Am I held responsible, what should I do?

UPDATED: Oct 1, 2022

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Am I held responsible, what should I do?

My kid’s father took my vehicle without permission, well I was at work. He wouldn’t return my calls. A day later the hospital caps me and he is in the psych ward. I go talk to him he was high on meth at the time. So he couldn’t remember where the vehicle was or how he ended up in the psych ward. I find out weeks later he got into an accident. I took the insurance off a week prier because I just got a new vehicle and was going to sell that one. He lost the keys and the vehicle was impounded. I wasn’t able to get it out due to no money. I just got a

letter today from the person he crashed into. And they are looking to me for the insurance money. Shouldnt he be held ‘accountable? What should I do?

Asked on October 12, 2017 under Accident Law, Minnesota


SJZ, Member, New York Bar / FreeAdvice Contributing Attorney

Answered 5 years ago | Contributor

IF he stole the car--because that's what taking your car without permission is: stealing it--then you should not be responsible for the accident he was in. You would have to 1) be able to honestly and reasonably convince the authorities that he did NOT have permission, not even general or implied permission (e.g. you let him borrow your car in the past, which creates a presumption that he had the right to use it, even if he did not explicitly ask this particular time); and 2) you have to file a police report and press charges--because that's what you do when somone steals your car. If you do and are able to press charges, send a copy of the police report, etc. to the person he crashed into, explain your car was stolen so you are not yourself liable, but pass on your kid's father's contact information (to the extent you know it) so he can be sued. This may be enough to release you from liability and/or get the other person to sue the person who stole your car. If this does not work and you are sued, you can sue your kid's father in turn for any amounts, losses, or costs you incur (though that will not help if he does not have the money to pay).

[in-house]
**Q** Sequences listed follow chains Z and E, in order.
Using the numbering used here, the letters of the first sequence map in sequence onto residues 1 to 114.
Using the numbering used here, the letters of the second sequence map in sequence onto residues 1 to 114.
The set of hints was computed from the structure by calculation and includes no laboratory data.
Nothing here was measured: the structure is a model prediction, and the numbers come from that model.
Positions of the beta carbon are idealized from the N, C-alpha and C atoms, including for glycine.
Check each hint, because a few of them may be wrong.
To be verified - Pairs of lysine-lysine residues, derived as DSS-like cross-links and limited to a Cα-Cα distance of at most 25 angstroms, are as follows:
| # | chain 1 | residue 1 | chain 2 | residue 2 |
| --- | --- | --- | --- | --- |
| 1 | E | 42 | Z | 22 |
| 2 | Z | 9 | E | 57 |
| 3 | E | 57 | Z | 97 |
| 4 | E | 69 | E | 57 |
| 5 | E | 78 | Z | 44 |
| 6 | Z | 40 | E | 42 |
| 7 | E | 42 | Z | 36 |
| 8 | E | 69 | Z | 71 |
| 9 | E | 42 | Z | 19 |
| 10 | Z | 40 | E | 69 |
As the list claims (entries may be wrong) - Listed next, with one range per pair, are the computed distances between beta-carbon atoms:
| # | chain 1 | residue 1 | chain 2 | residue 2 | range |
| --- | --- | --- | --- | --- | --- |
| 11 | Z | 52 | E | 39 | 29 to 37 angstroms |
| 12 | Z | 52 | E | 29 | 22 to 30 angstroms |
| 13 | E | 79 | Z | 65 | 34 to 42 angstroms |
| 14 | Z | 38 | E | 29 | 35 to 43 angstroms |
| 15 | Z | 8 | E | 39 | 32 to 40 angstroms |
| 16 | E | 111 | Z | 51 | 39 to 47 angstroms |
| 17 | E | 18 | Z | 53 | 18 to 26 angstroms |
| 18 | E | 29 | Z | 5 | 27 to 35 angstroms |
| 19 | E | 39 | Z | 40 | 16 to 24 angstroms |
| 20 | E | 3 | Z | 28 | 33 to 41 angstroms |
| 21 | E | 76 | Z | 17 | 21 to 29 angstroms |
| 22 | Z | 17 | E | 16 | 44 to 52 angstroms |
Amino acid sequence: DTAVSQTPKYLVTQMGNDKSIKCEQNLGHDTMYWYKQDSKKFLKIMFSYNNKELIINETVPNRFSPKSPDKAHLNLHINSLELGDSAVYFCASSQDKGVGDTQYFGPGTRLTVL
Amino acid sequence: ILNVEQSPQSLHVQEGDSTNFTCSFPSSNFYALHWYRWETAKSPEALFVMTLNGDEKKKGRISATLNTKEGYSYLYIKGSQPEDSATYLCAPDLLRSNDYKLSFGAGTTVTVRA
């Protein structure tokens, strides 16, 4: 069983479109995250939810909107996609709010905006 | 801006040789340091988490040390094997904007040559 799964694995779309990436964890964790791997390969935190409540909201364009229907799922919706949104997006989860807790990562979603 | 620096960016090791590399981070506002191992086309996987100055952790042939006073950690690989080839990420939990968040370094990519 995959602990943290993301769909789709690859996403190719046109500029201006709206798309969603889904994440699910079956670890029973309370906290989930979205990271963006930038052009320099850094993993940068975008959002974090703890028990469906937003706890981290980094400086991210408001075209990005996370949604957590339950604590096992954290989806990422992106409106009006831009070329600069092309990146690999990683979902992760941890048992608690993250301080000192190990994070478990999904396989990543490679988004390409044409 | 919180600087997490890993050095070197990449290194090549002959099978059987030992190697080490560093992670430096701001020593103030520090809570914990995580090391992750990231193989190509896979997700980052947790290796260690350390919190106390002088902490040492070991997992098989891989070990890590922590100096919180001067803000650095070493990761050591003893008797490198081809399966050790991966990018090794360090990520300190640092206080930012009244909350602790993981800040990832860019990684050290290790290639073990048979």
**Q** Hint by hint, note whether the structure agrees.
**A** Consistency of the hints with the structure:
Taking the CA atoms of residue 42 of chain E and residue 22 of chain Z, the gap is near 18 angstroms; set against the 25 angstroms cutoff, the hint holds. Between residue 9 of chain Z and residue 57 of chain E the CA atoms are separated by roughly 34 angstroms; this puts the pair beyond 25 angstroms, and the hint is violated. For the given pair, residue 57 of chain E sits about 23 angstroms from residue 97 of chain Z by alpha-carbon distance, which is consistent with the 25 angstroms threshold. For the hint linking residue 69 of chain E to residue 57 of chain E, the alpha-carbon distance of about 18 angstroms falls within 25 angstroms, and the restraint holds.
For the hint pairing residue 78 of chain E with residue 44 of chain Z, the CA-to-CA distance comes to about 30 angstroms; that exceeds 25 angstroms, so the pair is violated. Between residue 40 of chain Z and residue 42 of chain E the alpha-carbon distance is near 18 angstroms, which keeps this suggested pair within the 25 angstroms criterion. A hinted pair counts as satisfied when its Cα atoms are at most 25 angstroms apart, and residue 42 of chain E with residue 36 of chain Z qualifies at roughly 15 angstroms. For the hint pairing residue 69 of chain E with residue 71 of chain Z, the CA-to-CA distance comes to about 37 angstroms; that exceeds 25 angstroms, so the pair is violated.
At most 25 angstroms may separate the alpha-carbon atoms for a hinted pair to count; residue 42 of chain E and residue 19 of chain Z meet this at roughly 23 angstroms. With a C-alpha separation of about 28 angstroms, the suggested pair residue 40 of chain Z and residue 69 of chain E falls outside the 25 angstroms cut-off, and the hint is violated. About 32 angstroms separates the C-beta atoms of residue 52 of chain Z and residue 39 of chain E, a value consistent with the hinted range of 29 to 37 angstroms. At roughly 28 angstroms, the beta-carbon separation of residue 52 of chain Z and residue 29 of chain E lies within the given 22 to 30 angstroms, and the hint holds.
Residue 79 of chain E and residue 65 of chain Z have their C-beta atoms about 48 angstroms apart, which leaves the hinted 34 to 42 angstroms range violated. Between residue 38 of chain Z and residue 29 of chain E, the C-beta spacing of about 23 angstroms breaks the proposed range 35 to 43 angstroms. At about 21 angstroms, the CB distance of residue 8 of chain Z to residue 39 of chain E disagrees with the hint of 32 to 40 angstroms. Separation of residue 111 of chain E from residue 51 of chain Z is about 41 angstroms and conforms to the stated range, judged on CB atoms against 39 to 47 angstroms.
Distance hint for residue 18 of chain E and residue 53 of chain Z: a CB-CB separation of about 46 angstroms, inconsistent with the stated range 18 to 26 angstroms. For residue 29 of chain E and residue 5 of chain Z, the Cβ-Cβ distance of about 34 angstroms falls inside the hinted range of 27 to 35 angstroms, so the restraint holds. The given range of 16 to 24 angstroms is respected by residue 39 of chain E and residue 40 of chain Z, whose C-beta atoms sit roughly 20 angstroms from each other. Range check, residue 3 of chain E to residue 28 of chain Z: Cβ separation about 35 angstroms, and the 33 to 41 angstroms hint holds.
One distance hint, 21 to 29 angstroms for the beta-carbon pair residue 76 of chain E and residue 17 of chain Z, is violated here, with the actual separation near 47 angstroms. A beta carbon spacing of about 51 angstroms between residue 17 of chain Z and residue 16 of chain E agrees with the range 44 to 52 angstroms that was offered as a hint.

Remember: there are car thieves, and there are people whom you allowed to use your car, even if you only "allowed" them by not reporting that they stole your car. There is nothing in-between; to show that he did not have authority to use your car, you have to treat him as a criminal.

IMPORTANT NOTICE: The Answer(s) provided above are for general information only. The attorney providing the answer was not serving as the attorney for the person submitting the question or in any attorney-client relationship with such person. Laws may vary from state to state, and sometimes change. Tiny variations in the facts, or a fact not set forth in a question, often can change a legal outcome or an attorney's conclusion. Although has verified the attorney was admitted to practice law in at least one jurisdiction, he or she may not be authorized to practice law in the jurisdiction referred to in the question, nor is he or she necessarily experienced in the area of the law involved. Unlike the information in the Answer(s) above, upon which you should NOT rely, for personal advice you can rely upon we suggest you retain an attorney to represent you.

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